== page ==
The culinary world abounds with chance discoveries, as does the world of wine. Chance also played a role in the development of South Africa’s own hybrid cultivar, pinotage, a cross between the voluminous hermitage and the flavourful prince of red wines, pinot noir.
On a mild spring day, a young lecturer, early in the previous century, cycled past an overgrown garden being cleared by workers. He remembered that some year earlier his mentor, Prof Peroldt had planted a few tiny vines in the garden as part of an experiment to develop a cross that he called ‘pinotage’. “What had happened to the vines?” he wondered. He got off his bicycle and hurried through the gate and was only just able to save the tiny vines from the assault of spade and pick-axe.
He removed the precious plants and replanted them at Elsenburg Agricultural College and the rest, as they say, is a history. But it is a history wrought with adverse criticism and some really poorly made pinotage wines, with some wine critics even complaining of a ‘paraffin-like taste’.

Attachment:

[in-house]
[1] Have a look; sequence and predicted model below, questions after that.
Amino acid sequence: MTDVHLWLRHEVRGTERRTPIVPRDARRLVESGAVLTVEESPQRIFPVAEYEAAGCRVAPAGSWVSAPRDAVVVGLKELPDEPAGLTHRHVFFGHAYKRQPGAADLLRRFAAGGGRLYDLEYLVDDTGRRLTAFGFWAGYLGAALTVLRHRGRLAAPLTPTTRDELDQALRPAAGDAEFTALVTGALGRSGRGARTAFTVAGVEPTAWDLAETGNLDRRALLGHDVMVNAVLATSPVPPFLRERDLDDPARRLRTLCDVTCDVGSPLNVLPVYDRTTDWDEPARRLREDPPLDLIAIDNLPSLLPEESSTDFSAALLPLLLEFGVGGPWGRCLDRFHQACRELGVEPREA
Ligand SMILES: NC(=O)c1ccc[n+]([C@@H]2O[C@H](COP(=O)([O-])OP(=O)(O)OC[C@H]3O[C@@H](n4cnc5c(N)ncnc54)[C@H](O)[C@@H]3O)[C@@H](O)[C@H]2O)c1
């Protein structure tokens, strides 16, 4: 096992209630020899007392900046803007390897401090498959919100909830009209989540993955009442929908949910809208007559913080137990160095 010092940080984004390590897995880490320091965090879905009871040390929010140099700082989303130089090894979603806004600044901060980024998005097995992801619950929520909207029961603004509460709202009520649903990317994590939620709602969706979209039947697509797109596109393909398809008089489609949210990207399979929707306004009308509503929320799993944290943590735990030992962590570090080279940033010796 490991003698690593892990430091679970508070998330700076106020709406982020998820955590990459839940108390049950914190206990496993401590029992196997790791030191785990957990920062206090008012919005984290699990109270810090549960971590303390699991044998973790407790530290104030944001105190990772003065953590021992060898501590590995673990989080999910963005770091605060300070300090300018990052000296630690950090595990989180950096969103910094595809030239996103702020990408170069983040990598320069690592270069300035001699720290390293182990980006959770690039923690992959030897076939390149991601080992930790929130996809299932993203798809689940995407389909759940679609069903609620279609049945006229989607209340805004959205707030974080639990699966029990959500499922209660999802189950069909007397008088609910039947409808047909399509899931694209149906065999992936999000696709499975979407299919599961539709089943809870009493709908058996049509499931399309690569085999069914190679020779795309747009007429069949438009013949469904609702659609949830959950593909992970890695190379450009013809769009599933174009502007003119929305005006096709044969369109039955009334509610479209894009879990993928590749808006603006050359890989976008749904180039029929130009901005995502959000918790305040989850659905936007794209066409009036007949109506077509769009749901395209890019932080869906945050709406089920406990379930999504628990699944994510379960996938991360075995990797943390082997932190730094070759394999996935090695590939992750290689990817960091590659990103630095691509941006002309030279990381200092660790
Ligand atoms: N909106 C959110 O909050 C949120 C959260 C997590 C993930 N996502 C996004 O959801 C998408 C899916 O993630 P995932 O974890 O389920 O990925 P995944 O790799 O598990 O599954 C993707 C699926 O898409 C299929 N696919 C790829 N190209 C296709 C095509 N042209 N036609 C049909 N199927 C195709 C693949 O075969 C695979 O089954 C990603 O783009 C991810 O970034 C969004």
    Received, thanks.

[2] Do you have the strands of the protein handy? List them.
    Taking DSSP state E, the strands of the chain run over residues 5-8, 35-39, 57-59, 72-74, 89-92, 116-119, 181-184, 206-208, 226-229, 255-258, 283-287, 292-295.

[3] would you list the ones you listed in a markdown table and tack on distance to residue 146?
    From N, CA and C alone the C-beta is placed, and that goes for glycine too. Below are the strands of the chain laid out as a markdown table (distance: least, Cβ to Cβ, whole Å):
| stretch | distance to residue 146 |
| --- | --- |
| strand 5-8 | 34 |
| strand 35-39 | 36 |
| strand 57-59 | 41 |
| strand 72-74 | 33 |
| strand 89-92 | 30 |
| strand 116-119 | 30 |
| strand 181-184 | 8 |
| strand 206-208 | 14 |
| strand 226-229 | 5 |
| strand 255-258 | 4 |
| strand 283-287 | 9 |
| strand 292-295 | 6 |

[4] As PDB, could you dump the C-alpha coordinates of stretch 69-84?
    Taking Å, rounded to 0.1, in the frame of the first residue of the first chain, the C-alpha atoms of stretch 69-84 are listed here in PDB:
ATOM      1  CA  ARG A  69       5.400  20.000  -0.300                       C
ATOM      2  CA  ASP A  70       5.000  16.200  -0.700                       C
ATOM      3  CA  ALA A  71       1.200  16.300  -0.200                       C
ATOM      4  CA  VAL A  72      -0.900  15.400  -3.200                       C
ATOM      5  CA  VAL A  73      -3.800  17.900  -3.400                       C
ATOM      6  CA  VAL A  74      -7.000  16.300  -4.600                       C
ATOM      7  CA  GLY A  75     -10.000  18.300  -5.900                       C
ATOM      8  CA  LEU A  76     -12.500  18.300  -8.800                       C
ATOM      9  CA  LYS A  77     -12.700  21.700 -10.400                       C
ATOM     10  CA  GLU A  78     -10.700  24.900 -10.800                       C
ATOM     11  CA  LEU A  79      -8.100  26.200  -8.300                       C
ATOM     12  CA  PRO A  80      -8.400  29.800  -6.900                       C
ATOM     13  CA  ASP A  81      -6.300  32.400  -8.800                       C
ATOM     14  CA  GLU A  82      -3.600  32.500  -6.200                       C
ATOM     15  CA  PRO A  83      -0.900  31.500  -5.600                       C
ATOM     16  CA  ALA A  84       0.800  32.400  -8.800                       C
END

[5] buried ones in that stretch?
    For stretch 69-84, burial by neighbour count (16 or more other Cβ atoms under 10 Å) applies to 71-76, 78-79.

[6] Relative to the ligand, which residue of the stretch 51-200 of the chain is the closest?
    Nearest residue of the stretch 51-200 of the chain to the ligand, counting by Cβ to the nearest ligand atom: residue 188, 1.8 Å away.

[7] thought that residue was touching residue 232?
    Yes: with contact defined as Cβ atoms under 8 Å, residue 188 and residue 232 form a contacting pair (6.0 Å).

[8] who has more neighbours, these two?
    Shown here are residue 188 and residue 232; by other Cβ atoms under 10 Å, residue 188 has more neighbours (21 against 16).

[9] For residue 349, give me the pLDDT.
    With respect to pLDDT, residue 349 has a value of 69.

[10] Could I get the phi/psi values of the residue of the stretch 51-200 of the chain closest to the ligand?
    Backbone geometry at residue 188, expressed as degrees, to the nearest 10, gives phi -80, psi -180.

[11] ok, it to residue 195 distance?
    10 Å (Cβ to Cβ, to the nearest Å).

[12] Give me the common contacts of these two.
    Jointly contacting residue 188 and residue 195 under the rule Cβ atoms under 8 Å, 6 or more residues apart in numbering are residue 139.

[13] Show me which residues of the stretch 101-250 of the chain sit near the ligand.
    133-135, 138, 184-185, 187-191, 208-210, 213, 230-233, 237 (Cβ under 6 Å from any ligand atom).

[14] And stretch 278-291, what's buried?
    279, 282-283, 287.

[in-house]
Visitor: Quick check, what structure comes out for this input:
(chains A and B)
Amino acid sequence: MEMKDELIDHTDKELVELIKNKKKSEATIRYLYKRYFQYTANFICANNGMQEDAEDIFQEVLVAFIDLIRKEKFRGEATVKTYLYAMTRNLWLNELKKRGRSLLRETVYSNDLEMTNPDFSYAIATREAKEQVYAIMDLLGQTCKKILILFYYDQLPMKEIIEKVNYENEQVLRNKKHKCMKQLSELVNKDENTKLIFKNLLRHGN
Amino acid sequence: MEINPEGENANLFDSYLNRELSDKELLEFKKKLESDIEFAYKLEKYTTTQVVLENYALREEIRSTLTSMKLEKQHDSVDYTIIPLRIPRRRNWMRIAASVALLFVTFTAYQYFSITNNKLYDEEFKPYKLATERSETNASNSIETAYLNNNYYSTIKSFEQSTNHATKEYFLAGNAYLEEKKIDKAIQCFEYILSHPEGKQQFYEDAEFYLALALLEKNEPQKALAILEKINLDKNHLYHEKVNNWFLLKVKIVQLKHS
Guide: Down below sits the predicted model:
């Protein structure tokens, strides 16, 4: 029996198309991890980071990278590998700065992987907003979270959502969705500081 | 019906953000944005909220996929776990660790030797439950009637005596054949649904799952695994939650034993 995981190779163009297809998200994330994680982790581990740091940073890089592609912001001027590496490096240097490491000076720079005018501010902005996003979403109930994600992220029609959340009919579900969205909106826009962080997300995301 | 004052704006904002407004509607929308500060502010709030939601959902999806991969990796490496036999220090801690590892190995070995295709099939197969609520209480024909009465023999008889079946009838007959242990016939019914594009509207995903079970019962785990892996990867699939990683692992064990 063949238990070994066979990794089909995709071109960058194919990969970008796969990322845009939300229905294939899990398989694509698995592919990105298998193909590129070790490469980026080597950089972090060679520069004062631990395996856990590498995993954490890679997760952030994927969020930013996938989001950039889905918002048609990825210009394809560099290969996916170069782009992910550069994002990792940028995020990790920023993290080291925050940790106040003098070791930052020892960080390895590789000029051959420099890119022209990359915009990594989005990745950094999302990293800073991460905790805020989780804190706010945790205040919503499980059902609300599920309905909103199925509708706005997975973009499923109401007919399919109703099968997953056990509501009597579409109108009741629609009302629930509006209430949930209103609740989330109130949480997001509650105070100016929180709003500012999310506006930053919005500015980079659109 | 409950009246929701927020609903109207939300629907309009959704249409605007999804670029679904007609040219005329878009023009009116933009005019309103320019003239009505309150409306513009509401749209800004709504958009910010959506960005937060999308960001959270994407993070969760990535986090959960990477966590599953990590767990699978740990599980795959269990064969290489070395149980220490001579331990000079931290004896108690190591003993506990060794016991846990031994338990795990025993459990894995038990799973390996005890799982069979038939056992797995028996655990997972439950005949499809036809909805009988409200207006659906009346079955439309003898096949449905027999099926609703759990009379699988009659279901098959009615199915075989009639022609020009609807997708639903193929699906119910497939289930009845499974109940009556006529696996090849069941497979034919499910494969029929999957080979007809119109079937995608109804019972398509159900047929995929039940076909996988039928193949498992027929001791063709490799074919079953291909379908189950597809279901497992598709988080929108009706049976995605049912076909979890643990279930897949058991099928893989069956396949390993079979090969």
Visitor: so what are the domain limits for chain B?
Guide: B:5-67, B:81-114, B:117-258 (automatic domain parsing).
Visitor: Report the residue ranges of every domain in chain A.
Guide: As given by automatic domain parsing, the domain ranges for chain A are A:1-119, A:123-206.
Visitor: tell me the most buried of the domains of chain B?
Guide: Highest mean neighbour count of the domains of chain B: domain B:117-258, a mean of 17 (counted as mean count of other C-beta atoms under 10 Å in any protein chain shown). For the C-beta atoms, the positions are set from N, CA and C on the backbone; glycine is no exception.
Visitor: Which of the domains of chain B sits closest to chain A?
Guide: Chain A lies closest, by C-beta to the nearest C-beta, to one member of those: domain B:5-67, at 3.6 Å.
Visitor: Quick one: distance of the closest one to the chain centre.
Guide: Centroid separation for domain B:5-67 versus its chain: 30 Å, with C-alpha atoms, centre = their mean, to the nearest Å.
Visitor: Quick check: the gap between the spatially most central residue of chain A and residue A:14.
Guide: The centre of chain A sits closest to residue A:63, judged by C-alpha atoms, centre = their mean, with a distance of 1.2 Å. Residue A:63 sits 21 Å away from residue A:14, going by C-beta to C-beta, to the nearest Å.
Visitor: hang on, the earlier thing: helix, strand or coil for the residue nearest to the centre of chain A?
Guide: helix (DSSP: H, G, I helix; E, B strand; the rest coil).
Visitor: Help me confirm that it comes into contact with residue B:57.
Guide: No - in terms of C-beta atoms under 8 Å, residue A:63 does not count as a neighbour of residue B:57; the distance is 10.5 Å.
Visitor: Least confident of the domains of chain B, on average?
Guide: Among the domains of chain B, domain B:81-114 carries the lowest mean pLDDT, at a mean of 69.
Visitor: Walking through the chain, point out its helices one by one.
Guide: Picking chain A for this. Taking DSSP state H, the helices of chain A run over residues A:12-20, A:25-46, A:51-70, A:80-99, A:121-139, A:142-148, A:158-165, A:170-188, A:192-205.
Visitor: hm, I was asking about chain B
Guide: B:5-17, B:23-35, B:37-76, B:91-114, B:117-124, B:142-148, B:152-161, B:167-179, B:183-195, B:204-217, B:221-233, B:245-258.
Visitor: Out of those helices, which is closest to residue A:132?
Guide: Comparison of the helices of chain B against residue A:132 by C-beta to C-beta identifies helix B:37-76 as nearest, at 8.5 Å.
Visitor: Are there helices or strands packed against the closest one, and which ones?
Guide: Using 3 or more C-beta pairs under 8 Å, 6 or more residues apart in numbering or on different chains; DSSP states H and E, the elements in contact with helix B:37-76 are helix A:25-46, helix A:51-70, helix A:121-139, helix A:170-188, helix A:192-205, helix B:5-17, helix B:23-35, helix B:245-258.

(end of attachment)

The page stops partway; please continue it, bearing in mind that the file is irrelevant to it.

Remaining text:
But the quality of SA wines has improved with ‘leaps and bounds’, and perhaps none more so than Pinotage. While the scientist is able to perform miracles in the vineyard, it will be up to the artist to produce a truly great wine. Such a man is Beyers Truter, the then winemaker at Kanonkop. At the International Wine and Spirits Competition in 1991 he was crowned best international winemaker of the year. And the wine? Pinotage, of course. What a success story! But then all big schemes and enterprise start in a modest way. With the advent of the ABSA Top Pinotage Competition, the Cape has produced truly memorable pinotage wines. Fort Simon makes a fine pinotage. Those I tasted reminded me very strongly of Pinot Noir. Then there’s Simonsig’s Redhill Pinotage 2007, awarded 4.5 stars in John Platter’s Wine Guide and which sells for a whopping R249.40 per bottle!
Well, quality rarely comes cheap.